This is not a random description because eye-popping car chases figure prominently in the movie, set in a ruined city overrun by hungry undead hordes and gangs of crazed thugs — it’s hard to tell which are worse, though they all pale next to a trio of ultracool female characters led by a badass mom (Lee Jung-hyun).
The title refers to South Korea, now four years into a mysterious zombie pandemic that has turned it into a wasteland sealed off from the rest of the world. But there’s gold, or rather millions of dollars in cash, in them thar streets, and a ragtag team with nothing to lose is dispatched from Hong Kong to steal the loot. Yeon takes it from there, working in various set pieces at a breakneck pace.
And there you have it: zombies + heist + “Road Warrior” + “Escape from New York” = winning formula.
Speaking of rejuvenating an exhausted genre: based on this greatly entertaining movie alone, Indonesia may do to superheroes what Korea did to zombies. The writer-director Joko Anwar wisely anchors the title character (played by the lithe, charismatic Abimana Aryasatya) in a dystopian Jakarta where bosses and crooks, protected by corrupt legislators, brutally lord it over factory workers and market vendors — the film has a strong Dickensian vibe and its treatment of children is bracingly unsentimental by American standards. This is where the superhero Gundala fights on behalf of the poor and the downtrodden, first thanks to his martial-arts skills then with a little help from powers derived from lightning.
His nemesis is the ruthless Pengkor (Bront Palarae), whose right side is disfigured à la the Batman villain Two-Face. He is trying to taint the city’s rice supply with a very special drug — the plot is straight out of a 1960s Silver Age comic book, which is fitting since that’s when the Gundala character was created.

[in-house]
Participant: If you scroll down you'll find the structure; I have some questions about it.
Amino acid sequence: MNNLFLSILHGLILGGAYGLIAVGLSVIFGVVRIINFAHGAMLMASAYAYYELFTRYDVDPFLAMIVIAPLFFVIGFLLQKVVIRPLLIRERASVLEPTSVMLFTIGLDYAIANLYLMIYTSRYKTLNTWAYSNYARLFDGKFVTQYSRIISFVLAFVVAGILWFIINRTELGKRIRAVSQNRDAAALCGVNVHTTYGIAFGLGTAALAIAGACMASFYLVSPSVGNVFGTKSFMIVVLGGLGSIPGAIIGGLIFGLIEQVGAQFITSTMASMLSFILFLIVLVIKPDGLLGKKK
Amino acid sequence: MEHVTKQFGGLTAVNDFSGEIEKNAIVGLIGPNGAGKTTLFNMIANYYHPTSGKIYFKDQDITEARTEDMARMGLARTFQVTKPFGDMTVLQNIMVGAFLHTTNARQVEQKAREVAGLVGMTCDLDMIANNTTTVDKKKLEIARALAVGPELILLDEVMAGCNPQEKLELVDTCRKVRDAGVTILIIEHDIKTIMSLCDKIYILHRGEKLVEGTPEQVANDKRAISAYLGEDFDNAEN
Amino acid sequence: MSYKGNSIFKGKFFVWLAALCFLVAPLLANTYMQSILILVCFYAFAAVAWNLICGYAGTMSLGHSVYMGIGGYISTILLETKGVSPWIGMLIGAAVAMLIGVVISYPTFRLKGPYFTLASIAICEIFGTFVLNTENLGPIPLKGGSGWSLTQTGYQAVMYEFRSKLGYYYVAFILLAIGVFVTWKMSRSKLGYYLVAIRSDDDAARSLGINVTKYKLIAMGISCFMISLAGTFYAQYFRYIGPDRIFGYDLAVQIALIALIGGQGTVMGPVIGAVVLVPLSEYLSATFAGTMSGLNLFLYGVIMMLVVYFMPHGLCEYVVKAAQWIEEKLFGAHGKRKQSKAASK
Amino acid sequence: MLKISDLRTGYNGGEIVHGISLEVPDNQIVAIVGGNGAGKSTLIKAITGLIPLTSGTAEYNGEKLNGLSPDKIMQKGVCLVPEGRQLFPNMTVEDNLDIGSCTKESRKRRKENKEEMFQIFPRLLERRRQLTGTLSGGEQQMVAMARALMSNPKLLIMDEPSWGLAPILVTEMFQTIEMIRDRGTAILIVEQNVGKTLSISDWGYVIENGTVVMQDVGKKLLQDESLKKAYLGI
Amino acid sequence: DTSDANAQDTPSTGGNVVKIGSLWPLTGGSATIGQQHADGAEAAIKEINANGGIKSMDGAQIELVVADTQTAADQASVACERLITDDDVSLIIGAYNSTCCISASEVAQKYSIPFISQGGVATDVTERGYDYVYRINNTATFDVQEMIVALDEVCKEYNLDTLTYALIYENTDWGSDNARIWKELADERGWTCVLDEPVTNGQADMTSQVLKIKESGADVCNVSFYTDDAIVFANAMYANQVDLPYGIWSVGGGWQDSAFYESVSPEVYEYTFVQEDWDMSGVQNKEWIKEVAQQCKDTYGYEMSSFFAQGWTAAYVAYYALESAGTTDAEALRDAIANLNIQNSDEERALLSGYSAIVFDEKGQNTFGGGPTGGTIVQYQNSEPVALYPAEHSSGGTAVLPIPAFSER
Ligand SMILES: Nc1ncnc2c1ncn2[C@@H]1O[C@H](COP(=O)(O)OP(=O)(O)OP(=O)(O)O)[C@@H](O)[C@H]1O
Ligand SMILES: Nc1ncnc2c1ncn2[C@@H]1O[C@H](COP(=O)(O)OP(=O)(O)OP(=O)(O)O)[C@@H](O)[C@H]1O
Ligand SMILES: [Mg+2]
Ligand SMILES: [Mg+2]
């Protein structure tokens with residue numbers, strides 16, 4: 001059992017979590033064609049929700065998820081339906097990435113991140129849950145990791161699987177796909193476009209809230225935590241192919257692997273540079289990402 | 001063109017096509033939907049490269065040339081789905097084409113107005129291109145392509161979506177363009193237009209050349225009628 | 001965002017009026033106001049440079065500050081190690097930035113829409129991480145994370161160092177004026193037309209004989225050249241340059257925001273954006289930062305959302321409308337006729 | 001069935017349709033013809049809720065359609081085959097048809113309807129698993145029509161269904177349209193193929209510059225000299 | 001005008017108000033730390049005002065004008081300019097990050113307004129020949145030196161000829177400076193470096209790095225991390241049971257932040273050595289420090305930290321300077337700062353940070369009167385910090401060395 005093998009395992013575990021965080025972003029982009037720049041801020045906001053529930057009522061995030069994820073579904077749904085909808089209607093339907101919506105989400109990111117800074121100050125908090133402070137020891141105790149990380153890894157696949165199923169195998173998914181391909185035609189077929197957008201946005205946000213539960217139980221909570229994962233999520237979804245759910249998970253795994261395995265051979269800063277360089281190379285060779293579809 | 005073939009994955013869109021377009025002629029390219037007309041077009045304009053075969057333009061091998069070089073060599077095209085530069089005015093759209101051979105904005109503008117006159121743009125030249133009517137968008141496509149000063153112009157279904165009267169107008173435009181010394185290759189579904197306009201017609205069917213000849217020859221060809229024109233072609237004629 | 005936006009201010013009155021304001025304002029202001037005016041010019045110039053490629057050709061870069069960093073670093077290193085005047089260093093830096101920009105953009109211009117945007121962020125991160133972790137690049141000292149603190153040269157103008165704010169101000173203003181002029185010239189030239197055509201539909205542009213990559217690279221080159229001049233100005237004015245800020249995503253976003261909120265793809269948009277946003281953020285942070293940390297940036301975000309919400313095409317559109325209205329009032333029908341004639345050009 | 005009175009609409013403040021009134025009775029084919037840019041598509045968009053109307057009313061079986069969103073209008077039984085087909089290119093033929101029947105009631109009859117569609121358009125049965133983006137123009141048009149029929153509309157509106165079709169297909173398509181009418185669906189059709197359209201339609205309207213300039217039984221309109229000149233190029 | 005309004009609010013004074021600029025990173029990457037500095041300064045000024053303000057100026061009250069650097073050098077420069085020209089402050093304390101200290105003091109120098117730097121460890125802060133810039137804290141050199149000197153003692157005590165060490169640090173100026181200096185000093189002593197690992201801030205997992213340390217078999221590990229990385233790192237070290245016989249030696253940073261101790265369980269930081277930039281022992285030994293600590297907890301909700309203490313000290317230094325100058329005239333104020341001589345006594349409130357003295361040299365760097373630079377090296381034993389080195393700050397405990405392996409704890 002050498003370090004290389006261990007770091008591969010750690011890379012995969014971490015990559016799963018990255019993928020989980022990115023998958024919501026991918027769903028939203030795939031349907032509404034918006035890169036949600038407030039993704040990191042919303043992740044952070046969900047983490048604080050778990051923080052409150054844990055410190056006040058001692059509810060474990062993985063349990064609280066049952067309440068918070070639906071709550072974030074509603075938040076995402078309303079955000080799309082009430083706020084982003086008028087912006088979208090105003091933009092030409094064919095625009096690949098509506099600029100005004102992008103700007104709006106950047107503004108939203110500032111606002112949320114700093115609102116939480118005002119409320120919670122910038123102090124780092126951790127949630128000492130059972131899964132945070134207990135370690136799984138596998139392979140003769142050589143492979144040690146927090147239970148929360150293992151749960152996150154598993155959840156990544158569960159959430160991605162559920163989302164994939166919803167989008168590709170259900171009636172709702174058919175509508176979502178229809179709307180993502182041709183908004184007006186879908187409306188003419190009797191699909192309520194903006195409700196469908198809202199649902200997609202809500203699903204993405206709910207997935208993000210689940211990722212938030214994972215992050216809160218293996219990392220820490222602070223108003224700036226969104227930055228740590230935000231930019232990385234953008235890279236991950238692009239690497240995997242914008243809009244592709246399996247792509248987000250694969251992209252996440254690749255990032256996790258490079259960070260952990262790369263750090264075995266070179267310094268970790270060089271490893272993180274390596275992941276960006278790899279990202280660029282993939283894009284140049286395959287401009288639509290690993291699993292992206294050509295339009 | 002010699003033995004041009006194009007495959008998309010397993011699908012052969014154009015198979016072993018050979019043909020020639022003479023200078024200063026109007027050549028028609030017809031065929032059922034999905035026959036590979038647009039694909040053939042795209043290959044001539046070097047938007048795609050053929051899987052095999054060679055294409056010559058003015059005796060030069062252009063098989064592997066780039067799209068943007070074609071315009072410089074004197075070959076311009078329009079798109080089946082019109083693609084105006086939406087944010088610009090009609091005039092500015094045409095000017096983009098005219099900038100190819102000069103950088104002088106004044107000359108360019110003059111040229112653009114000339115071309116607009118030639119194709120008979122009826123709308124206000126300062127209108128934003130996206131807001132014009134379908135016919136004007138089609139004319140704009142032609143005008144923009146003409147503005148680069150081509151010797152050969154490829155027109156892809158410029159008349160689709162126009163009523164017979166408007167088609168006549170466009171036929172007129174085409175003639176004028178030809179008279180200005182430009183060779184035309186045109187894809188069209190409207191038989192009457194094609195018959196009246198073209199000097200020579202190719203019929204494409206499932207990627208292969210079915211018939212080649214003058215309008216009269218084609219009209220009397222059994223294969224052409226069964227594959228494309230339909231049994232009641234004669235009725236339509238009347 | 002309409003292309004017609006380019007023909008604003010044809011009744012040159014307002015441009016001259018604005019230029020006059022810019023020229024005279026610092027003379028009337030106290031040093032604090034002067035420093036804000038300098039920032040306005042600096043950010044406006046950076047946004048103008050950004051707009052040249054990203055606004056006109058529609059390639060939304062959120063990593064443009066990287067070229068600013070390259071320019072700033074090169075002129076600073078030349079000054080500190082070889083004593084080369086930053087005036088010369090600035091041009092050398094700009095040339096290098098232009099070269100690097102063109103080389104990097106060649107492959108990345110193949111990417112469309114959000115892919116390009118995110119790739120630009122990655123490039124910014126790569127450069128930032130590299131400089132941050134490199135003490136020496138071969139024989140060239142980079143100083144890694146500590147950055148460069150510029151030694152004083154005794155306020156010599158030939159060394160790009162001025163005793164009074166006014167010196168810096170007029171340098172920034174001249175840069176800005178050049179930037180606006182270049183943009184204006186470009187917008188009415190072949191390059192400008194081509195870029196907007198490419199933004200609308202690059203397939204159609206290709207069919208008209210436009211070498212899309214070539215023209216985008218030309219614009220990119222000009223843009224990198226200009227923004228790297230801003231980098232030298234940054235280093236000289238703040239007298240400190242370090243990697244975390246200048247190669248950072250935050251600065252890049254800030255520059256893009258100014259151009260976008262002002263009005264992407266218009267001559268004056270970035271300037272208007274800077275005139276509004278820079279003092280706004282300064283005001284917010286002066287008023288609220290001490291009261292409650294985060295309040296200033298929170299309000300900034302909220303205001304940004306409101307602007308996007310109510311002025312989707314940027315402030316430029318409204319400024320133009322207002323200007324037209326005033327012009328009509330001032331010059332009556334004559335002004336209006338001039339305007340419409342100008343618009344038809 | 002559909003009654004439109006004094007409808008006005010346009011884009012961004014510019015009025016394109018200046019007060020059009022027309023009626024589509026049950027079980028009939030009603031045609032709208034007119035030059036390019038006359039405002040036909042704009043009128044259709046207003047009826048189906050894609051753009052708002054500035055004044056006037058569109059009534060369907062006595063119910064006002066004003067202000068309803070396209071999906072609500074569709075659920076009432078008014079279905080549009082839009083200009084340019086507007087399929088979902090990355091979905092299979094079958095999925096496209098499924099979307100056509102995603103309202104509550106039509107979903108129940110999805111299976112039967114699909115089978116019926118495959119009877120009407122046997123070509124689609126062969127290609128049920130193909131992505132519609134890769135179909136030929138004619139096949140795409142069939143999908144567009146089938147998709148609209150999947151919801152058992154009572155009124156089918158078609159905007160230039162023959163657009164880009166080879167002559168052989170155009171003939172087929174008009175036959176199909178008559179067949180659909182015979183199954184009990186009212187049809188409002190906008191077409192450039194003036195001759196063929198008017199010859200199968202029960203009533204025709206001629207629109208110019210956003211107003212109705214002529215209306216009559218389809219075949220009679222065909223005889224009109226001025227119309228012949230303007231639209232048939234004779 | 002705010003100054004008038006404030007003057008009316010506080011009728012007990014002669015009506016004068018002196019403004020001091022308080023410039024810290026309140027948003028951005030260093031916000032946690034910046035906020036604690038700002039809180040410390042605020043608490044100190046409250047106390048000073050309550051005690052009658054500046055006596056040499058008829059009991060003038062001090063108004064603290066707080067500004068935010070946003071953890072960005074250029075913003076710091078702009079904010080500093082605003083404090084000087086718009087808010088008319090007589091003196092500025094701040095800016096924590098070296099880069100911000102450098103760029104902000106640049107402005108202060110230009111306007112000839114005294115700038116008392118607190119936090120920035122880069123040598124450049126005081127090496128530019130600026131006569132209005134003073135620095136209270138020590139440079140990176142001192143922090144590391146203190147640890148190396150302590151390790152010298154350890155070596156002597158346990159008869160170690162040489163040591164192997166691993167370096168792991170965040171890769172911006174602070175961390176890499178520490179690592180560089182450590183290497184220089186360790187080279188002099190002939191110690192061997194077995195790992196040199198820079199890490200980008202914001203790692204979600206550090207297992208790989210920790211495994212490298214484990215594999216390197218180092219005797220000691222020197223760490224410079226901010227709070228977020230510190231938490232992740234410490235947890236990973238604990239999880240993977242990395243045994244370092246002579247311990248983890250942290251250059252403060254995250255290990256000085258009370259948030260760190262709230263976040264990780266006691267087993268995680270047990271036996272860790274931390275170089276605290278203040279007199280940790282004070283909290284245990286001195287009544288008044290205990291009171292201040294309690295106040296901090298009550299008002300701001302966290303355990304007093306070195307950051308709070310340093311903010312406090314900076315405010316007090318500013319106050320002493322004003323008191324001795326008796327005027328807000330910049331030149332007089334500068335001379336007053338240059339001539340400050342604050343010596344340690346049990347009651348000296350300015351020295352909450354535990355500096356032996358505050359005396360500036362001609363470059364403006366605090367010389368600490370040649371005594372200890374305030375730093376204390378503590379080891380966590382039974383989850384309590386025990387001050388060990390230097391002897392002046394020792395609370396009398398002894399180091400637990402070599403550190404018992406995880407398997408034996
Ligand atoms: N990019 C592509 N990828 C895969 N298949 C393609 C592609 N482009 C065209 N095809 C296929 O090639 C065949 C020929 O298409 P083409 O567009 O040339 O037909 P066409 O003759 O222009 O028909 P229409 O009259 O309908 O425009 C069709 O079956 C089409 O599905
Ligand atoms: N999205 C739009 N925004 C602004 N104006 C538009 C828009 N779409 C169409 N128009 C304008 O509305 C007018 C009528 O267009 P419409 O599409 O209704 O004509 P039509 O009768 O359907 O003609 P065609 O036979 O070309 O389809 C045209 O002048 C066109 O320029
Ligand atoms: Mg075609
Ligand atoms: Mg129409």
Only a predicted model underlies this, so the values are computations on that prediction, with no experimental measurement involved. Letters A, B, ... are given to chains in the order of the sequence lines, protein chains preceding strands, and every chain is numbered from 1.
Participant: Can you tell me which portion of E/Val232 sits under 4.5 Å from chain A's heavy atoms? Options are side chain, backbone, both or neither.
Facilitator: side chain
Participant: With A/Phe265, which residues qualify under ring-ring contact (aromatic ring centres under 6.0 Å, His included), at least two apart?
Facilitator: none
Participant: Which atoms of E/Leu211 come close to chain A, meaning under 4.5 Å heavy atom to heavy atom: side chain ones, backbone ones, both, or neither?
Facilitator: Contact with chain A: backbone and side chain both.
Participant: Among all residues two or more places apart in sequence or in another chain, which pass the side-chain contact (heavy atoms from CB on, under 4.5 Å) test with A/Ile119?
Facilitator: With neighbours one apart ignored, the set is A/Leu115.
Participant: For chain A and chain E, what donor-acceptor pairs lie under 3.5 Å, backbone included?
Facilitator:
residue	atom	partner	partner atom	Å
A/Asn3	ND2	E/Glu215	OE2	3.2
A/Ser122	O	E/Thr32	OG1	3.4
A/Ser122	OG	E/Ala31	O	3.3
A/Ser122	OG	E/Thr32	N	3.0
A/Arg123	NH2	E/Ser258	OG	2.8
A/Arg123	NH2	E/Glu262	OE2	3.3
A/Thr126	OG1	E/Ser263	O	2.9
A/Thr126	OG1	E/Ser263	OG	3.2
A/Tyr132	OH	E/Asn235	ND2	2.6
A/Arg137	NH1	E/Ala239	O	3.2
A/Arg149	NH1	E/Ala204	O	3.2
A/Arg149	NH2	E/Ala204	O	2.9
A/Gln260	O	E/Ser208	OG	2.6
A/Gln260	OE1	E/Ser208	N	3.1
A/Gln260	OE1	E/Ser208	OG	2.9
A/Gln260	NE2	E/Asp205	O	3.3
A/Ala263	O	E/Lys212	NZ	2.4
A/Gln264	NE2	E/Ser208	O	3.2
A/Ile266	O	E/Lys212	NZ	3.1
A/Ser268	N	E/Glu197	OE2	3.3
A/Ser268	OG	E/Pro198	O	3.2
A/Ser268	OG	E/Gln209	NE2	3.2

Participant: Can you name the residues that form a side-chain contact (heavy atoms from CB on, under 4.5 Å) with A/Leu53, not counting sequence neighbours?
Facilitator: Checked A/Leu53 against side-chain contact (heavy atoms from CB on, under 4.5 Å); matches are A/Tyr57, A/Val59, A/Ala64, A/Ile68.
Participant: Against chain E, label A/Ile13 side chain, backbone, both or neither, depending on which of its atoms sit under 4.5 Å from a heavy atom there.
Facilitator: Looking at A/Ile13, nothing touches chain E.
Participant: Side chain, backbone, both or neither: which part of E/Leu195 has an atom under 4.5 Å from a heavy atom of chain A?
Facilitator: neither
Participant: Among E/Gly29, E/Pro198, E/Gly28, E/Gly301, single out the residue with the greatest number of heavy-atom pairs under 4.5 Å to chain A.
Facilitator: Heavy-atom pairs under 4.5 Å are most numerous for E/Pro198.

The movie’s ending suggests a sequel is coming. No complaint there.
Welcome to an alternate reality in which Earth gets destroyed by a comet and Gerard Butler is in a pretty good movie.
What propels films that describe an extinction event is not whether our planet will be saved — it won’t — but who will somehow make it through, and how. Usually we follow a small group of people and the one in “Greenland” is down to a nuclear nub: John and Allison Garrity (Butler and Morena Baccarin) and their diabetic young son, Nathan (Roger Dale Floyd). This helps prevent Ric Roman Waugh’s movie from getting too scattered, even when the Garritys are separated: The tight focus, compounded by a relatively restrained filmmaking style, creates an anxiety-inducing atmosphere. We are a far cry from movies that show catastrophes of such a gigantic scale that they become abstract; here, human decisions drive the story.
Sure, “Greenland” recycles some clichés of the genre (bickering couple reconciles in adversity, for example) but it also raises thorny ethical and practical issues, partly because of Nathan’s condition. Who gets a chance to survive is not an easy question to answer.